“The king of this planet . . . . this solar kingdom. Lance Marais,” stated Gemini as he motioned towards the planet below.

“What about him?” Neige asked.

“About a decade ago, the Jovian government allowed the wrong king to come into power,” he said solemnly as he shifted his cloak. “So to say.”

“So to say. What do I have to do? Kill him?” she responded.

“If it comes to that, Neige. But we have a better alternative,” replied Gemini as he pressed his glasses back up to his face and sniffed. Neige crossed her arms and looked at him as he continued.

“The next heir to the throne is the king’s cousin. In fact, his cousin is the true heir.”

“What do you mean by the ‘true heir’?” she asked plainly.

Gemini cleared his throat. Outside the window, the darkness of space was replaced with a vibrant blue ozone atmosphere.

“The king’s aunt was the monarch before him. After she died, her son went missing. Rumor has it that he was kidnapped. Due to our oversight, we let Marais take power. We never knew there was another claim to the throne.”

“Do you want him in hand-rings?” Neige nudged.

“Yes. But more importantly, we want you to put his cousin in his rightful place on the throne,” Gemini continued. “You must restore the right bloodline to power. We must make amends for what we’ve contributed to.”

“We? So, you’re sending a woman to clean up a mess between men – created by men – and the resolution will be more men making more decisions?” Neige cocked a white brow. Her blue eyes pierced the darkness of the cloaked spectacles. He stared at her before leaning forward.

“You’re the best one for the job, Neige.”

“I know,” her lips curled upward. “It’s too bad you’re not putting a queen in charge.”

“You and I both know you’d find that fairytale role insufferable,” the cloaked figure said blankly.

“That’s true.”

Neige nodded towards the forested planet below. The spaceship was moving in a counter orbital formation towards the onset of the clouds. The leather booths began to shake slightly with the pressure. The stars faded into the light of the sun. They were descending through the clouds. A flash of heat rippled outside the window. Their descent quickened.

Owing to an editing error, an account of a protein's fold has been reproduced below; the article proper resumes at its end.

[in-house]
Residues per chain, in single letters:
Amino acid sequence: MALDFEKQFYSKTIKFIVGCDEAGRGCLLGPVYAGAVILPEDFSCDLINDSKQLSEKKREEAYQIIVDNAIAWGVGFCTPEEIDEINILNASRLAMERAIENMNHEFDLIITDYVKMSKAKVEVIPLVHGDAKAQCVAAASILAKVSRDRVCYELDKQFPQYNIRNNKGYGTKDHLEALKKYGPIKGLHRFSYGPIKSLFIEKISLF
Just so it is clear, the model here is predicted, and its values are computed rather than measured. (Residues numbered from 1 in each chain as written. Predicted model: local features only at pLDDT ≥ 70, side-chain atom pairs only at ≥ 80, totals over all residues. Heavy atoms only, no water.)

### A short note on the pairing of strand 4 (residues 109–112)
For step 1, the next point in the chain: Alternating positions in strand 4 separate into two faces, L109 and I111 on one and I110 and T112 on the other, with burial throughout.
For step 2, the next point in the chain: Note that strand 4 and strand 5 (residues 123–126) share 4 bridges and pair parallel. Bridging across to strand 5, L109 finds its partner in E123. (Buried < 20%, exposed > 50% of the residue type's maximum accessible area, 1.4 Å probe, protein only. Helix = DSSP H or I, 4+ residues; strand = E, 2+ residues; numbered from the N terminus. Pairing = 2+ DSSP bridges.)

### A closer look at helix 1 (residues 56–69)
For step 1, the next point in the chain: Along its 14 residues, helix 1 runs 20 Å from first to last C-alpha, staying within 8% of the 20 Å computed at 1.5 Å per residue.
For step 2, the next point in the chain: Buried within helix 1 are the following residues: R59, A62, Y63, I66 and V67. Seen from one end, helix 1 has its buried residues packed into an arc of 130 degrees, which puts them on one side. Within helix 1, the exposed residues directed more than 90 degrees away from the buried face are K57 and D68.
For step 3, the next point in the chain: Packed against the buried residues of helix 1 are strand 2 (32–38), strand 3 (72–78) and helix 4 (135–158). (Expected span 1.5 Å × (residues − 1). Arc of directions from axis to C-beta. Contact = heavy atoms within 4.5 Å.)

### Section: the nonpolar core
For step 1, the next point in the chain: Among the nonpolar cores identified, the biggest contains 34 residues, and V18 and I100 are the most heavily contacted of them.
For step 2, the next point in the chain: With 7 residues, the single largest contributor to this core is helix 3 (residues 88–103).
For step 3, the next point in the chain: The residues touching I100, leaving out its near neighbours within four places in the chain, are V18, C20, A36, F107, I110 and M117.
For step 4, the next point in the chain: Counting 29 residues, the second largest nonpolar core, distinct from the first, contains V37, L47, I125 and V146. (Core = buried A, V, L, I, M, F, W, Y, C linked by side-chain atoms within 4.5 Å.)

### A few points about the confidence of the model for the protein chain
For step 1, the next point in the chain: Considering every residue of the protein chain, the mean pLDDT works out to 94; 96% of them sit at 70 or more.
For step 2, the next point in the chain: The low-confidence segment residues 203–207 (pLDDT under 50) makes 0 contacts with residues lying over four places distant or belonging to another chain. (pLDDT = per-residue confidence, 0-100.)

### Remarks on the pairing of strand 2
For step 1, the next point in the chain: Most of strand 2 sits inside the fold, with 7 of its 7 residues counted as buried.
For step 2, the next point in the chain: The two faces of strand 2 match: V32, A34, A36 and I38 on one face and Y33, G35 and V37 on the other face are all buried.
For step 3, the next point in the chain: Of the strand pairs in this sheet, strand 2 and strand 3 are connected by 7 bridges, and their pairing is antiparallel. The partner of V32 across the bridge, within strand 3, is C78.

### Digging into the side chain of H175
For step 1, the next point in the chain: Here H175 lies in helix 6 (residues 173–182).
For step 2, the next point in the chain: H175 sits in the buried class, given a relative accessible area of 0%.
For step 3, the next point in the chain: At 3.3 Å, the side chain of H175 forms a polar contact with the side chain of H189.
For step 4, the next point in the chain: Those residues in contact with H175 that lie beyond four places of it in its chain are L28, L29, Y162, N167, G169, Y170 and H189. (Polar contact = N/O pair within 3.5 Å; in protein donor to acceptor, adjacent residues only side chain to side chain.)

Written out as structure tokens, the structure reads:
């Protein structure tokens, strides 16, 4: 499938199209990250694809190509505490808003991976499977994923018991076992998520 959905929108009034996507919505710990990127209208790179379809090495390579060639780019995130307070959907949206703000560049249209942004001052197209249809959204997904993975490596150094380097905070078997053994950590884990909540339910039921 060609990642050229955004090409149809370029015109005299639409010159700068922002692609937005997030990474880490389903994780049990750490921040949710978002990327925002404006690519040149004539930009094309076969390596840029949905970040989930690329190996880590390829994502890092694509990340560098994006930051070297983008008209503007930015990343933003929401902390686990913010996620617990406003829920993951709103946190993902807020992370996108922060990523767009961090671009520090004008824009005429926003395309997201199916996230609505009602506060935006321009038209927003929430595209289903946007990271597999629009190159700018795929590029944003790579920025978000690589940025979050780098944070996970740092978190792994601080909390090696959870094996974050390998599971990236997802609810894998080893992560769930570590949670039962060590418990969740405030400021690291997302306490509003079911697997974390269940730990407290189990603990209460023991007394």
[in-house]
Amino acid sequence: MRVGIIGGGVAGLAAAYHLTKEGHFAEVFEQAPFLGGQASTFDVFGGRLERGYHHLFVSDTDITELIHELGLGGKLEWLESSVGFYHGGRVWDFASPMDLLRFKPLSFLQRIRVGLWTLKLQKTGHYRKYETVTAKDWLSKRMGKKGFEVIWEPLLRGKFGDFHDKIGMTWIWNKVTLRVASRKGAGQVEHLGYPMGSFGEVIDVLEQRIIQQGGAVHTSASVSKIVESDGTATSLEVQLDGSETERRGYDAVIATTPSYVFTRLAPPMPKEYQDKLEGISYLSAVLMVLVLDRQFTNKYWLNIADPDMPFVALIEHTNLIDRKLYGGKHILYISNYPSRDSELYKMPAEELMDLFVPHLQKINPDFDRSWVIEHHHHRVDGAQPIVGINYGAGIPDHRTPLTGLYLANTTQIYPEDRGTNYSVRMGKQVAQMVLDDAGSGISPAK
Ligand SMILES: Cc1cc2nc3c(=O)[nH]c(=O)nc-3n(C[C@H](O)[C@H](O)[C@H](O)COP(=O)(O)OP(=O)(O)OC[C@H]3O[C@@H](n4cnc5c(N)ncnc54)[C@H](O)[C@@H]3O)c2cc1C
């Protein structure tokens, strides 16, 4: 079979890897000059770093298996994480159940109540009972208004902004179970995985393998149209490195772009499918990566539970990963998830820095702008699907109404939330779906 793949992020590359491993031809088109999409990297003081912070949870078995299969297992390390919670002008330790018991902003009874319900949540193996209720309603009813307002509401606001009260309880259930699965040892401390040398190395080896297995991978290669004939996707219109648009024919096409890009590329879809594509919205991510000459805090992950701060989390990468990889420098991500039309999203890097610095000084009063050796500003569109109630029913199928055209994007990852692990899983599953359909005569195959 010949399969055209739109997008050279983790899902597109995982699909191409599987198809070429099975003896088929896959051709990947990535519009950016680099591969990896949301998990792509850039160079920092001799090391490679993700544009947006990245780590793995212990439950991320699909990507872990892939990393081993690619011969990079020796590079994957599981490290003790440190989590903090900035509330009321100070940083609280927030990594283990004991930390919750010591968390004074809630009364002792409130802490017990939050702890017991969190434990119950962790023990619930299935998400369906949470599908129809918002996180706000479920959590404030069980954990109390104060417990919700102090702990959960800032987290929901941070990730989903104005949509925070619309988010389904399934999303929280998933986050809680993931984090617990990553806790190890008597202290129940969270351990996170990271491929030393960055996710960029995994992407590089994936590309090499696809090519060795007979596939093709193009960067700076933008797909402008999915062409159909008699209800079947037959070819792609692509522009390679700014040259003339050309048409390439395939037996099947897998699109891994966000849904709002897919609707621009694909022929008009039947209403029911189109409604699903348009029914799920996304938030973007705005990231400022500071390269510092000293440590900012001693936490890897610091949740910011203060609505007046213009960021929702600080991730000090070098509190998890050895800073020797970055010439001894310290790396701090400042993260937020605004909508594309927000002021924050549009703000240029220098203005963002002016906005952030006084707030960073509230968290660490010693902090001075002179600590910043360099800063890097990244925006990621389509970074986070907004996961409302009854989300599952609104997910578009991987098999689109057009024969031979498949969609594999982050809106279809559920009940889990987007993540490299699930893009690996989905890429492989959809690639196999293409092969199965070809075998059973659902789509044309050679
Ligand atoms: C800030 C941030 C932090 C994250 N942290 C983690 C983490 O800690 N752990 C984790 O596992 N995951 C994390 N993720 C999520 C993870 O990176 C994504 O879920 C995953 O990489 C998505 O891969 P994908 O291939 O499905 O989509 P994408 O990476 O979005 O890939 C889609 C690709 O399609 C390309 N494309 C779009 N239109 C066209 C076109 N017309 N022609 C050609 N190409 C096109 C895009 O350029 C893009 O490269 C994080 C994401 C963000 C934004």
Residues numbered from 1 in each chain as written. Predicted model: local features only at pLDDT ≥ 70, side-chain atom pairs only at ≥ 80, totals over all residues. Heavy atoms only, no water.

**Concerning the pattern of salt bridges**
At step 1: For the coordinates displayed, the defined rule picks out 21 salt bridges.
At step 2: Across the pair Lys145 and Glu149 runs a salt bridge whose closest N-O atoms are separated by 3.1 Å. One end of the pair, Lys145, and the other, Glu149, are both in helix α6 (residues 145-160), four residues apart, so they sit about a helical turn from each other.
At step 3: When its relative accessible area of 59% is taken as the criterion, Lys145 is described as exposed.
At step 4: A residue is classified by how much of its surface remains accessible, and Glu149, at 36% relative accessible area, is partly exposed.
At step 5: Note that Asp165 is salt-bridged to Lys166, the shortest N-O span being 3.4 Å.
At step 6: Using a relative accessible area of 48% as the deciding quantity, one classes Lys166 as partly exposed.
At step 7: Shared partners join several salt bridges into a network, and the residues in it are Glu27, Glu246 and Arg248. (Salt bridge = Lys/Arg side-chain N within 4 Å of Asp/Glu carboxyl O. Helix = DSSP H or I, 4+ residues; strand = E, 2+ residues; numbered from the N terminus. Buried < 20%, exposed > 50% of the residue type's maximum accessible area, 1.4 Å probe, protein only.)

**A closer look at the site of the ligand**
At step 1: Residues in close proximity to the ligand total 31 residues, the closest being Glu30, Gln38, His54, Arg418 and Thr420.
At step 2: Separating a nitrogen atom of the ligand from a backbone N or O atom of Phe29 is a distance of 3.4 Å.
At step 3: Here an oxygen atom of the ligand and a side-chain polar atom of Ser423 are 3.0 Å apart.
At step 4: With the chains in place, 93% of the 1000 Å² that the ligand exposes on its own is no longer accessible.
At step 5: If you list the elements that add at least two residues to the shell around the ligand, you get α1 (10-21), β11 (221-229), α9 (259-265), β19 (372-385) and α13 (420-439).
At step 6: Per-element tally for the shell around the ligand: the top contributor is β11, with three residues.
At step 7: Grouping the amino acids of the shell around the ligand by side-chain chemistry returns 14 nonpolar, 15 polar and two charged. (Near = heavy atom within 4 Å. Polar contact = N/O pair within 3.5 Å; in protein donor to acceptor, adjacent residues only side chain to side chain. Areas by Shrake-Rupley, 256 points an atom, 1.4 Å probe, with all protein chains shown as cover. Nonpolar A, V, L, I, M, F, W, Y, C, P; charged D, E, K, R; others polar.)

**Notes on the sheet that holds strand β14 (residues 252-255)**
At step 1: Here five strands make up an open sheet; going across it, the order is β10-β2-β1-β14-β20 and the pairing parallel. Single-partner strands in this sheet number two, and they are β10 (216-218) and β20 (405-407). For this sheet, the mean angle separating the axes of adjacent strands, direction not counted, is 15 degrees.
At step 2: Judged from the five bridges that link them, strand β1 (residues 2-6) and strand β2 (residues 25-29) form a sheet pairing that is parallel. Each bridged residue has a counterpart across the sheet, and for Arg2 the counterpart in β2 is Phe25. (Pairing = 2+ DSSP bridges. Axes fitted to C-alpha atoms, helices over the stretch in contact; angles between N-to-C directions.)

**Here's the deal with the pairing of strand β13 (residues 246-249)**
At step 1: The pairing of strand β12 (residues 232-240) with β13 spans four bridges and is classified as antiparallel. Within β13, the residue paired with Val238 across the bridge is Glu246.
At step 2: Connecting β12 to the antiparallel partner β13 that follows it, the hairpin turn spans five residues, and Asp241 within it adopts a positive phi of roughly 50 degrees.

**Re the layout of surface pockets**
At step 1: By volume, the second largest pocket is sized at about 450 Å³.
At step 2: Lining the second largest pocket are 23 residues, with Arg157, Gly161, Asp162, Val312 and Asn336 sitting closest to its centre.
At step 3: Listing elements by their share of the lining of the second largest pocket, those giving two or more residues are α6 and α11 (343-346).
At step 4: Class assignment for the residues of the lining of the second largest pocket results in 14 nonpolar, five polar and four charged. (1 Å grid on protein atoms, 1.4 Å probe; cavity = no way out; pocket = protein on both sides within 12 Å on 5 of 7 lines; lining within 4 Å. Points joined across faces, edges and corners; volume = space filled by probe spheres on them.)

Neige’s blue eyes glowed through the shadows. She pushed her platinum bangs away from her face with her palm. Then, Neige put her hand on the fiery window glass, which was cool to the touch. Far below, the people of the planet were starting another foggy morning as the sun cast itself over the horizon. The glass-slide lay absently on Neige’s thigh as the spaceship descended beneath the clouds.

The writing on the glass screen read:


Look for the rightful heir at the FAVOR HOUSE LEXINGTON. His name is THE PRINCE HENRY LANGIS. Find TOBIAS in the EGLISE NOIRE in town. He is safeguarding PRINCE HENRY.

Escort HENRY to the “safe zone”. TOBIAS will know the location.

Locate KING MARAIS and apprehend him. His throne is in a cliffside tower on the outset of the capitol city of FALAISE. However, with his power, his forces can be found almost anywhere.

Best of Luck, Gemini King~

Foggy Morning in The Bordeleaux Cemetery

Neige was walking through the narrow cobblestone alleyways of residential Bordeleaux in the early hours of the morning before dawn. Her booted heels slid softly against the water droplets on the cobblestone. The sky was shrouded in a misty gray that was breaking free of the night. Thick drops of water clung to her gloves. Neige inched slowly through the narrow alley. Steep stone walls crept about her sides. The fog swept above the tops of the dewy vines.

There was a low grumble that drifted from the distance. A water barge was moving through the nearby bay. Another low grumble echoed louder. She could not see the water, but she could smell it. Fish and oil. Her boots tapped against the cobblestones. Vines slid against the armor on her back.